Assessing community-level exposure to social vulnerability and isolation: spatial patterning and urban-rural differences.

Journal Article (Journal Article)


Environmental health disparity research involves the use of metrics to assess exposure to community-level vulnerabilities or inequities. While numerous vulnerability indices have been developed, there is no agreement on standardization or appropriate use, they have largely been applied in urban areas, and their interpretation and utility likely vary across different geographies.


We evaluated the spatial distribution, variability, and relationships among different metrics of social vulnerability and isolation across urban and rural settings to inform interpretation and selection of metrics for environmental disparity research.


For all census tracts in North Carolina, we conducted a principal components analysis using 23 socioeconomic/demographic variables from the 2010 United States Census and American Community Survey. We calculated or obtained the neighborhood deprivation index (NDI), residential racial isolation index (RI), educational isolation index (EI), Gini coefficient, and social vulnerability index (SVI). Statistical analyses included Moran's I for spatial clustering, t-tests for urban-rural differences, Pearson correlation coefficients, and changes in ranking of tracts across metrics.


Social vulnerability metrics exhibited clear spatial patterning (Moran's I ≥ 0.30, p < 0.01). Greater educational isolation and more intense neighborhood deprivation was observed in rural areas and greater racial isolation in urban areas. Single-domain metrics were not highly correlated with each other (rho ≤ 0.36), while composite metrics (i.e., NDI, SVI, principal components analysis) were highly correlated (rho > 0.80). Composite metrics were more highly correlated with the racial isolation metric in urban (rho: 0.54-0.64) versus rural tracts (rho: 0.36-0.48). Census tract rankings changed considerably based on which metric was being applied.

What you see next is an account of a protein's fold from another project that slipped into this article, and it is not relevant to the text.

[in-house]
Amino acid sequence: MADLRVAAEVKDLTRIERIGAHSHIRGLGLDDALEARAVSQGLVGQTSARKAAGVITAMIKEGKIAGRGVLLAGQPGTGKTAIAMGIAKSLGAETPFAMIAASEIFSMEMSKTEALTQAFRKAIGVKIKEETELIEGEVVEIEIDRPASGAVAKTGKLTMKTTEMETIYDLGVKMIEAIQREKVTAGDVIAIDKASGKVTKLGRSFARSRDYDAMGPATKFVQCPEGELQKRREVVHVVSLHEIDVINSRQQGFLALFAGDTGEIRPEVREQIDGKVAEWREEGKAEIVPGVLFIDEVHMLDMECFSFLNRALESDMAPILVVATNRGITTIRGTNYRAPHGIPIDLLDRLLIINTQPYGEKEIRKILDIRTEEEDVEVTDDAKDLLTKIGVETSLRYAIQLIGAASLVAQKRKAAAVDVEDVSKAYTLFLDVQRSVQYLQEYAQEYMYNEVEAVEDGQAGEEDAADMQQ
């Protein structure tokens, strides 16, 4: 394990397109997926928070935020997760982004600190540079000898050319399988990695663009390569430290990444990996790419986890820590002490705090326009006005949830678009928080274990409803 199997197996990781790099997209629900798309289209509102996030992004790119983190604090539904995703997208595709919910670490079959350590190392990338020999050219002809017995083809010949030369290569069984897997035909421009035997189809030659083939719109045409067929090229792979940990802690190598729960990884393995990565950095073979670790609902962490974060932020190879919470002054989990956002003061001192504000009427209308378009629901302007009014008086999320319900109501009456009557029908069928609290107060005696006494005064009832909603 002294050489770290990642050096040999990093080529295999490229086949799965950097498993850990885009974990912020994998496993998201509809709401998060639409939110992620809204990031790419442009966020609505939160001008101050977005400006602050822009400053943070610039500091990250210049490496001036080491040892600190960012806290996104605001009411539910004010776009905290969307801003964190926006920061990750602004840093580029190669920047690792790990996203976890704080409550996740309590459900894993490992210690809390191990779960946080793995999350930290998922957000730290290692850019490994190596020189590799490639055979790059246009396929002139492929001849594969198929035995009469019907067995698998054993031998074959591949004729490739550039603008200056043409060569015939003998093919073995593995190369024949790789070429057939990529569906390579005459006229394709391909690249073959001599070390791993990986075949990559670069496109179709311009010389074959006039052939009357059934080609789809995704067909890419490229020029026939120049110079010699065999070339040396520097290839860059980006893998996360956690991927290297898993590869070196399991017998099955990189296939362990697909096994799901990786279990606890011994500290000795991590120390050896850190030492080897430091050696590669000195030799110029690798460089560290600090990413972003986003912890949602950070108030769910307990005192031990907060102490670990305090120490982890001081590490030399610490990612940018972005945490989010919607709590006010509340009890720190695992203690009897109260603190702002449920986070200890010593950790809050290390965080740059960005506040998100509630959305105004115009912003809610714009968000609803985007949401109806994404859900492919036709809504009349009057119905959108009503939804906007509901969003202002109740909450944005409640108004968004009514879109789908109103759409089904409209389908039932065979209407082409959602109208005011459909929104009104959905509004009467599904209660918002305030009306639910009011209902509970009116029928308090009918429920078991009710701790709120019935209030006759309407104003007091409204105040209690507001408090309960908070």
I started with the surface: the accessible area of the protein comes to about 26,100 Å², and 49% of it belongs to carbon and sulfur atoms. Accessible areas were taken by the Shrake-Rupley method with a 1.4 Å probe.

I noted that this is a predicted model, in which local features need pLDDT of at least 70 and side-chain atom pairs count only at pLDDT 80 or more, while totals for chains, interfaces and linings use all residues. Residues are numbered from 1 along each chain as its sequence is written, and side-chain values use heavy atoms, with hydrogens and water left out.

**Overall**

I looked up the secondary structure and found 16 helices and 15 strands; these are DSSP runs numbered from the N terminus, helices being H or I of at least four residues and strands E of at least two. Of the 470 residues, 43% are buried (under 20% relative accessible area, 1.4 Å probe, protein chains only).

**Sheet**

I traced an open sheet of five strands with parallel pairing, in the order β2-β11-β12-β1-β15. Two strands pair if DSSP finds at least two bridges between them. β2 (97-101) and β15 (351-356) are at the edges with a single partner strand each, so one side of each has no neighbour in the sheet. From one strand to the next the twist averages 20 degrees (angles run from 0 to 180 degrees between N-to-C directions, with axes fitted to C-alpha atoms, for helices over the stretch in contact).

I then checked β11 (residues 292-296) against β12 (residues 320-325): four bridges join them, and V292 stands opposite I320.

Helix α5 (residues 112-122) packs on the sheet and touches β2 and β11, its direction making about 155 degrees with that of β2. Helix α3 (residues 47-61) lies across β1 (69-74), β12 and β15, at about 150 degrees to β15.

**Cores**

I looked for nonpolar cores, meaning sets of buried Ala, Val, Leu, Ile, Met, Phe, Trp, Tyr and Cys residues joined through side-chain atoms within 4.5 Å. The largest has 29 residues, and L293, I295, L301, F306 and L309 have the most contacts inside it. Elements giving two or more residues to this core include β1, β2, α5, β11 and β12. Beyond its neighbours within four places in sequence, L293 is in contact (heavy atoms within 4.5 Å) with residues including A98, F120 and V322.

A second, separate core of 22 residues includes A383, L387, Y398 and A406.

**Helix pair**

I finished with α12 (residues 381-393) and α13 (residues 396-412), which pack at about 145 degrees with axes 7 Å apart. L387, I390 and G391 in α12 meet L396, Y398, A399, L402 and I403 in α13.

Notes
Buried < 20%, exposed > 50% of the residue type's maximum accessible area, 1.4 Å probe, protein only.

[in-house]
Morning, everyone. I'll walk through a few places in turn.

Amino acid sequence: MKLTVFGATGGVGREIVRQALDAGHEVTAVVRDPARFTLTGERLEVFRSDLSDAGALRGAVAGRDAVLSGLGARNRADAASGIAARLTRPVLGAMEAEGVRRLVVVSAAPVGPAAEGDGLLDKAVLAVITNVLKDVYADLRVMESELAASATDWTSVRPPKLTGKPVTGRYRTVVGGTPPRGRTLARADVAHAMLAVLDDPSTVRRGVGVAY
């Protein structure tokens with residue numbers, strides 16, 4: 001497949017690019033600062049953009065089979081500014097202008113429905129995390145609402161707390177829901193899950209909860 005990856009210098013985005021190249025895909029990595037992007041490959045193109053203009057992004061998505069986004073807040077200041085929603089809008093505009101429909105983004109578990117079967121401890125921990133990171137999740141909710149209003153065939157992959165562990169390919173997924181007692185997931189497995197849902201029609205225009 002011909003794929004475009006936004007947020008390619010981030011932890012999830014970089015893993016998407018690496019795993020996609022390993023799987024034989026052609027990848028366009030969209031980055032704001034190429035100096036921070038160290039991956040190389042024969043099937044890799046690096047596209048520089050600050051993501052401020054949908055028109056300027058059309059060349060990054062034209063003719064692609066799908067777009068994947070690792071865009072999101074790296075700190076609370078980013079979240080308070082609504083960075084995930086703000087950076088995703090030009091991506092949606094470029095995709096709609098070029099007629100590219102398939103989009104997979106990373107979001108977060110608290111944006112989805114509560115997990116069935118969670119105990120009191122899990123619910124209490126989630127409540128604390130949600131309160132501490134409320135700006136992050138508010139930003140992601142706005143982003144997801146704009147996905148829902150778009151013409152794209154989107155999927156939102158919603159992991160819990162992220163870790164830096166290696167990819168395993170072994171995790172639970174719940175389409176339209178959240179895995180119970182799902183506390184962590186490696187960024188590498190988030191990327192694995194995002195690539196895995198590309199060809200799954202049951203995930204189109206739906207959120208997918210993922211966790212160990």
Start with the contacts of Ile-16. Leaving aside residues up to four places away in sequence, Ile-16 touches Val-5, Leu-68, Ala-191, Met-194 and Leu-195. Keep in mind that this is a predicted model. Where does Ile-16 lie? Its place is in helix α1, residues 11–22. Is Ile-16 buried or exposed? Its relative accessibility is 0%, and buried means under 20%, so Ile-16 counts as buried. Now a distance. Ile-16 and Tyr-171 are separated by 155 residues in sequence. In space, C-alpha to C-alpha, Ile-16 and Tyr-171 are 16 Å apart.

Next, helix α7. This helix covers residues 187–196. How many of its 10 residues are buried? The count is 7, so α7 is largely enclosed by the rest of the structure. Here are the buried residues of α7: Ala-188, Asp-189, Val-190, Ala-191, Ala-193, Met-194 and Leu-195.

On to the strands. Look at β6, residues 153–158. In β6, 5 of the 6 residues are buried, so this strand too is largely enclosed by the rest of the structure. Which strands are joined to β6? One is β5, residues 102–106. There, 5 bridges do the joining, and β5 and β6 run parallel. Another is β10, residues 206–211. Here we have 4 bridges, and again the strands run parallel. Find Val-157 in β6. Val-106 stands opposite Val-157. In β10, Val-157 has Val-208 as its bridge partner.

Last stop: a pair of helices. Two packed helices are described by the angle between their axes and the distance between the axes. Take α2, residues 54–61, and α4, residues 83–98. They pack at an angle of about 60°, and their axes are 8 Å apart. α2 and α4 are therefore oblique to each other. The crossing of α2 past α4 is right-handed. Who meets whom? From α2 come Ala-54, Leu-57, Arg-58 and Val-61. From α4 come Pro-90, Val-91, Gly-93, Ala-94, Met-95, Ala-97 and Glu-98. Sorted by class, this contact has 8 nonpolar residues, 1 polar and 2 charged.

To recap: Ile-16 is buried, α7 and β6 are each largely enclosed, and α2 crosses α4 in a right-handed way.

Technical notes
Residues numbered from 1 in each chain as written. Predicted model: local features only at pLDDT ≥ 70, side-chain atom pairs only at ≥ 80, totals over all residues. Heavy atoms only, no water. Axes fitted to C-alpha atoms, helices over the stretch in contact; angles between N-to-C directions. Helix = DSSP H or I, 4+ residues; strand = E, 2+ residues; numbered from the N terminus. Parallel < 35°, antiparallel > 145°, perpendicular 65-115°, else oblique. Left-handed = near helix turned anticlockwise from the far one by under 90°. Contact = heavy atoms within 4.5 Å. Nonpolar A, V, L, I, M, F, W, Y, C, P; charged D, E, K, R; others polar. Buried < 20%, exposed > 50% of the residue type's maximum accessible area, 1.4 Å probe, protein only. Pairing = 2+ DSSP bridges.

High correlations between composite metrics within urban and rural tracts suggests they could be used interchangeably; single domain metrics cannot. Composite metrics capture different facets of vulnerabilities in urban and rural settings, and these complexities should be examined by researchers applying metrics to areas of diverse urban and rural forms.

Full Text

Duke Authors

Cited Authors

  • Deziel, NC; Warren, JL; Bravo, MA; Macalintal, F; Kimbro, RT; Bell, ML

Published Date

  • April 2022

Published In

PubMed ID

  • 35388169

Pubmed Central ID

  • PMC9535035

Electronic International Standard Serial Number (EISSN)

  • 1559-064X

International Standard Serial Number (ISSN)

  • 1559-0631

Digital Object Identifier (DOI)

  • 10.1038/s41370-022-00435-8


  • eng